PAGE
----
Shutter Island

In Martin Scorsese’s latest film, Leonardo DiCaprio stars as Teddy Daniels, a U.S. marshall sent to Shutter Island, a mental health facility for the criminally insane, to investigate the disappearance of a female patient. Once on the island, Teddy and his partner, Chuck Aule, (Mark Ruffalo) are met by guards and doctors, who are unwilling to cooperate with the marshalls’ investigation. A tremendous storm forces Teddy to stay on the island and search for the missing woman and his wife’s murderer, whom he believes is also housed on the island.

The dream sequences in the movie were a little over the top. It is clear that Scorsese wanted to use the dreams experienced by Teddy as a way to tell the backstory and a way to set up the ending of the movie, but the number and length of the dreams seemed excessive. In addition, the World War 2 dreams seemed to be unnecessarily violent.

Leonardo DiCaprio was superb as Teddy. He seemed to completely engross himself in the role, and the range of his acting ability was definitely on display. Teddy was an unforgettable character, and one that I wanted to succeed throughout the entire movie. Other than the Departed, it was definitely my favorite role that DiCaprio has played.

Overall, I would recommend this movie. DiCaprio’s performance alone is worth the price of admission. However, be advised that the dream sequences took up too much of the movie, and contributed to the film’s unnecessary lengthiness.

4 thoughts on “Shutter Island”

  1. I think the beauty of the entire movie is you don’t know how to feel and you don’t know which to believe. You are very much in the mind of Leo’s character. Paranoid and stuck between two different things that both could very much be true. I called it very early on. The fact that it didn’t show him anywhere else but the Ferry and the Island. He has experienced Trauma. The Doctor said he does experimental procedures. Patients seemed coached. Just met his partner. And there wasn’t much to the movie unless he was crazy. Frankly, practically from the beginning I just felt that’s the only way it could have been.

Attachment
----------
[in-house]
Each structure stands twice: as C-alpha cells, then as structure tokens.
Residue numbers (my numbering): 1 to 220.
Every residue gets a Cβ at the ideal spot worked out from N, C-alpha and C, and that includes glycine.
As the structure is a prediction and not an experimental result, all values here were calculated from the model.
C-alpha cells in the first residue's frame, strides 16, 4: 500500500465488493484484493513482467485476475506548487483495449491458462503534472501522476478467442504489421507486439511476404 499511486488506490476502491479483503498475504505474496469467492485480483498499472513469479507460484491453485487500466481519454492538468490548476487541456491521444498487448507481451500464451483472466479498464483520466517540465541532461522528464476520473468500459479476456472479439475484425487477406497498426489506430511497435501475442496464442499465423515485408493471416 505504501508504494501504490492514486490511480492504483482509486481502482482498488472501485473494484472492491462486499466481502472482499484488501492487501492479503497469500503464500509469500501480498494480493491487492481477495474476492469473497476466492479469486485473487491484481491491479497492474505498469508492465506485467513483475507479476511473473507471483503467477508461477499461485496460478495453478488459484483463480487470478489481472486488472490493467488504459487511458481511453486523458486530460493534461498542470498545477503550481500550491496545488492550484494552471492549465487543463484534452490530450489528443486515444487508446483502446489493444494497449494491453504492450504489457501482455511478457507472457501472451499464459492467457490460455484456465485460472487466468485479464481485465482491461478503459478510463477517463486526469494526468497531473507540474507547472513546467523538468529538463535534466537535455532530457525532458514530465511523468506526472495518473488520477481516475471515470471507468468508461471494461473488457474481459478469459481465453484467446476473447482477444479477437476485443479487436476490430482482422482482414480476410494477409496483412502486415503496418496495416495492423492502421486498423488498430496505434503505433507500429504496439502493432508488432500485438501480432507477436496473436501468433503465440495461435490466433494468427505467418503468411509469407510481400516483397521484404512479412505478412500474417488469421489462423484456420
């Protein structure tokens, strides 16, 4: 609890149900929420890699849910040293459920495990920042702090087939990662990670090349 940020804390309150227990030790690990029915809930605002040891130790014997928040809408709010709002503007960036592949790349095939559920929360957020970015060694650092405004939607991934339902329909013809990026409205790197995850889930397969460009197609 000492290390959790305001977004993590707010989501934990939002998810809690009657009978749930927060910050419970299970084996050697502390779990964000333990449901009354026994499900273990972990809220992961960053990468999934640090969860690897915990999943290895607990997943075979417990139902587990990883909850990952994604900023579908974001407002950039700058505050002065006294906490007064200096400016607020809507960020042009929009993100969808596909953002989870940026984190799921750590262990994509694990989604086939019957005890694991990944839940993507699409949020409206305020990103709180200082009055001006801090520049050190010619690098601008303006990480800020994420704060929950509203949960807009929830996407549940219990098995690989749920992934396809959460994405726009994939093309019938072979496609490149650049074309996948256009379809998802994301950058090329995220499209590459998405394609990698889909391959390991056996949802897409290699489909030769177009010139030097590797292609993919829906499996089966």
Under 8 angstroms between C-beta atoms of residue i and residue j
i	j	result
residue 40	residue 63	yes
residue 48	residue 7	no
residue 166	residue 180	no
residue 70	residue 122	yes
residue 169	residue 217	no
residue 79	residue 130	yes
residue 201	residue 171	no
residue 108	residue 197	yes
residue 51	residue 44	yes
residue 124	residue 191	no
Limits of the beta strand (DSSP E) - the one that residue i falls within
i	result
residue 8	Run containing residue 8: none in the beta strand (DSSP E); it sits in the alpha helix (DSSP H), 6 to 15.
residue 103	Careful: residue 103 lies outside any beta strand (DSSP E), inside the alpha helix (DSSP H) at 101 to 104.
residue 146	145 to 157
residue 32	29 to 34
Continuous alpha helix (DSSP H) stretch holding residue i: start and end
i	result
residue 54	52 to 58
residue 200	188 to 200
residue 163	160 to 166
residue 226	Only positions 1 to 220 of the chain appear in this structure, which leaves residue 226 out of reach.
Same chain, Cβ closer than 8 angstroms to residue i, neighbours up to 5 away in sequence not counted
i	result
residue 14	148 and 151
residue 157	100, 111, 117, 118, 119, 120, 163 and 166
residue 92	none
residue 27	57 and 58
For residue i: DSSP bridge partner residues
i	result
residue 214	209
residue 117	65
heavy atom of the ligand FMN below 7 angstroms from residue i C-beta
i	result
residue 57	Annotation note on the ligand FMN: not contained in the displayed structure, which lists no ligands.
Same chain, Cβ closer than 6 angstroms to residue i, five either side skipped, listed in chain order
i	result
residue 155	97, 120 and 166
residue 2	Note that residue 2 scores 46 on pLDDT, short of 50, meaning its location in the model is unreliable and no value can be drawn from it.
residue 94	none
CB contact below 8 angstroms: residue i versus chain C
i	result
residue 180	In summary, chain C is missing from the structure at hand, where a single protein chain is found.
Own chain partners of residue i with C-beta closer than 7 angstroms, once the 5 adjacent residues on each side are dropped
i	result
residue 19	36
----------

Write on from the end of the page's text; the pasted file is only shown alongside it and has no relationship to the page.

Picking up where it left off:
2. At first i thought this was a terrible movie. But I realized that was just because I expected much more from Martin Scorcese. I was excited about what was going on in the movie, until it got half way through I started to fear for the plot,and to my horror the movie ended the way I hoped it wouldn’t.

    In my opinion the way the movie ended, defeated the purpose of everything going on in the film, I don’t even get why the movie was made.

  3. For those that have not yet watched Shutter Island, a warning: spoilers follow.

    Hello Theresa, I’d like to comment on your view of the dream sequences.
    At first I was inclined to agree with you, until the final twist was revealed. As you know most of the movie is an elaborate fantasy viewed through Laeddis’s fractured mind and at the same time an obvious homage to pulp fiction (nazi scientists, conspiracies within conspiracies etc.). The dream sequences, would be hopelessly overblown or out of place if they were meant to flesh out a real character.
    But Teddy is not real. He is the principal character in a pulp fantasy, and pulp as you know is all about exaggerating things, which is why the dreams themselves are exaggerated.
    Since Teddy is just fiction (of a specific kind, the kind of which Laeddis might have read in his spare time), I think they fit. But they did seem jarring until the final twist was revealed, I’d agree on that.

    Cheers,

    Varyag

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